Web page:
Arm & Hammer Animal and Food Production
chicken packages

Combat foodborne pathogens in poultry with an effective antimicrobial

Posted May 18, 2020 by Christine Alvarado, Technical Services Manager, Food Production
Food Safety

Poultry processors are faced with a long list of challenges, many of which are centered around food safety. To ensure safe poultry products for consumers, processors must control pathogens that compromise the integrity of poultry.

In addition to the everyday challenges processors face, changing consumer trends and evolving Food Safety and Inspection Service (FSIS) standards require consistent evaluation of pathogen control. The shift away from antibiotic use to provide customers with increased buying options may lead to the potential for higher pathogen load at harvest. Evolving FSIS Campylobacter standards may also require new forms of pathogen control in the plant. These trends give processors an opportunity to re-evaluate food safety interventions to meet these new standards and ensure consumers have access to safe poultry products.

Implications of evolving standards.

Safety is the top priority for all those in the food supply chain. To meet food safety requirements and to ensure consumers have safe products, processors use multi-hurdle approaches to food safety. However, with the new Campylobacter standards expected, a multi-hurdle, multi-technology approach may be more beneficial to reduce both Campylobacter and Salmonella. Some food safety protocols, including current antimicrobials, that are effective against Salmonella may not be as effective against Campylobacter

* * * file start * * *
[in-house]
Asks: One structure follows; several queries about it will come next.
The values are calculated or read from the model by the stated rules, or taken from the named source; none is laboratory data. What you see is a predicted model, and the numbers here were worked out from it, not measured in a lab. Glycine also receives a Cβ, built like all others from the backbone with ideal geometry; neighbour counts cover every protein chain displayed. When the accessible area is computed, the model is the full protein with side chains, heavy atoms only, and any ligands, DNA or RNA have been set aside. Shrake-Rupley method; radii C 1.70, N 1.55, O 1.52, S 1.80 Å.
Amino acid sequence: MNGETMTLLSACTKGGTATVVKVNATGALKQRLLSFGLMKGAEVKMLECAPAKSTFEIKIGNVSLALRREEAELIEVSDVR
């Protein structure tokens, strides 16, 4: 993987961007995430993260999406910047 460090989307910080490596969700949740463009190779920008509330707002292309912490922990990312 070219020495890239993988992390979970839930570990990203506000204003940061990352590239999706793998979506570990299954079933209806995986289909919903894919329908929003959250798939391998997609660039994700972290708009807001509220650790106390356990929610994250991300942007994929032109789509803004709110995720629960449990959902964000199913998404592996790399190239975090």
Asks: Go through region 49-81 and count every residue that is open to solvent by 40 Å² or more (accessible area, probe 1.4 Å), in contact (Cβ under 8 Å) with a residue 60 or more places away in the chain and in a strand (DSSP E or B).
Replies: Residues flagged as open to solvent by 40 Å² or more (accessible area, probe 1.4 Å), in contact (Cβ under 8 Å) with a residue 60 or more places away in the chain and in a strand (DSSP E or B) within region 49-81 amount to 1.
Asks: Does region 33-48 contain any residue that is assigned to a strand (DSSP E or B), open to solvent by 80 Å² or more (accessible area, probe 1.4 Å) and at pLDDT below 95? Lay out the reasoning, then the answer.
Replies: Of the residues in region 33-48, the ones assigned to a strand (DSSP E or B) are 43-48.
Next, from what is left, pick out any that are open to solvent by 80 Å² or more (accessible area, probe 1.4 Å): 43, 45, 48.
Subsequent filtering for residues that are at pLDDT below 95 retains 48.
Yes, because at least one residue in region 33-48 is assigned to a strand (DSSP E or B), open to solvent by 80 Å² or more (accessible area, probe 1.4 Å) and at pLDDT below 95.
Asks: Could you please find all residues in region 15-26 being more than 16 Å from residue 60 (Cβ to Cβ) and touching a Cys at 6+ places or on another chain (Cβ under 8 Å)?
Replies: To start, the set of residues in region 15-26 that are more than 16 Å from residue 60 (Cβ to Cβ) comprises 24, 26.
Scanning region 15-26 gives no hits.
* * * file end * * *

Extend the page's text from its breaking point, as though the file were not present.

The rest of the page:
Meeting evolving performance standards may result in reduced public health risk and ultimately result in fewer cases of foodborne illness. Meeting these standards may also reduce processors’ risk of potential financial and brand losses due to recalls and possible outbreaks.

Controlling and reducing bacterial contamination is a constant challenge for processing plant managers. Optimizing pathogen control requires a comprehensive, multi-hurdle, multi-technology approach.

Reducing and controlling the spread of pathogens.

Reducing foodborne pathogens requires incorporating the right technology at the right point of intervention. AviBrom, an antimicrobial solution from ARM & HAMMER, is part of a multi-hurdle, multi-technology approach to controlling pathogens.

AviBrom is effective at multiple intervention points including chill tanks, plant process water, IOBW, dip tanks and spray applications. AviBrom also improves worker safety and work environment conditions when compared to other antimicrobials and eliminates negative wastewater impacts. It has an approved OSHA permissible exposure limit and is safe to use in commercial processing.

Multiple research studies in both university and commercial settings indicate that AviBrom is effective in reducing levels of both Campylobacter and Salmonella. One study1 (Figure 1) showed that when used in the IOBW, AviBrom reduced Campylobacter positives from 82.1 percent to 50 percent, indicating that this antimicrobial does reduce harmful pathogens. When combined as a multi-hurdle, multi-technology intervention system, Campylobacter prevalence was again significantly reduced.

Campylobacter prevalance across sampling sites Chart

Beyond the benefit of combating pathogens, AviBrom is safe for workers and wastewater. This antimicrobial also reduces alloy corrosion in processing facilities, offering a more economical, stable, comprehensive and safe antimicrobial solution compared to competitive products. AviBrom is compatible with concrete, steel and other common construction materials. The solution is also suitable for use in spray chill environments and has been tested against a variety of metals commonly used in processing facilities.

Using AviBrom at critical intervention points as part of a multi-hurdle, multi-technology approach to food safety can help you produce the safest and highest quality poultry products. Contact us to learn how you can improve your food safety protocol with ARM & HAMMER.

 

 

1 AviBrom Validation in IOBW. ARM & HAMMER, 2020. Study report and data on file.

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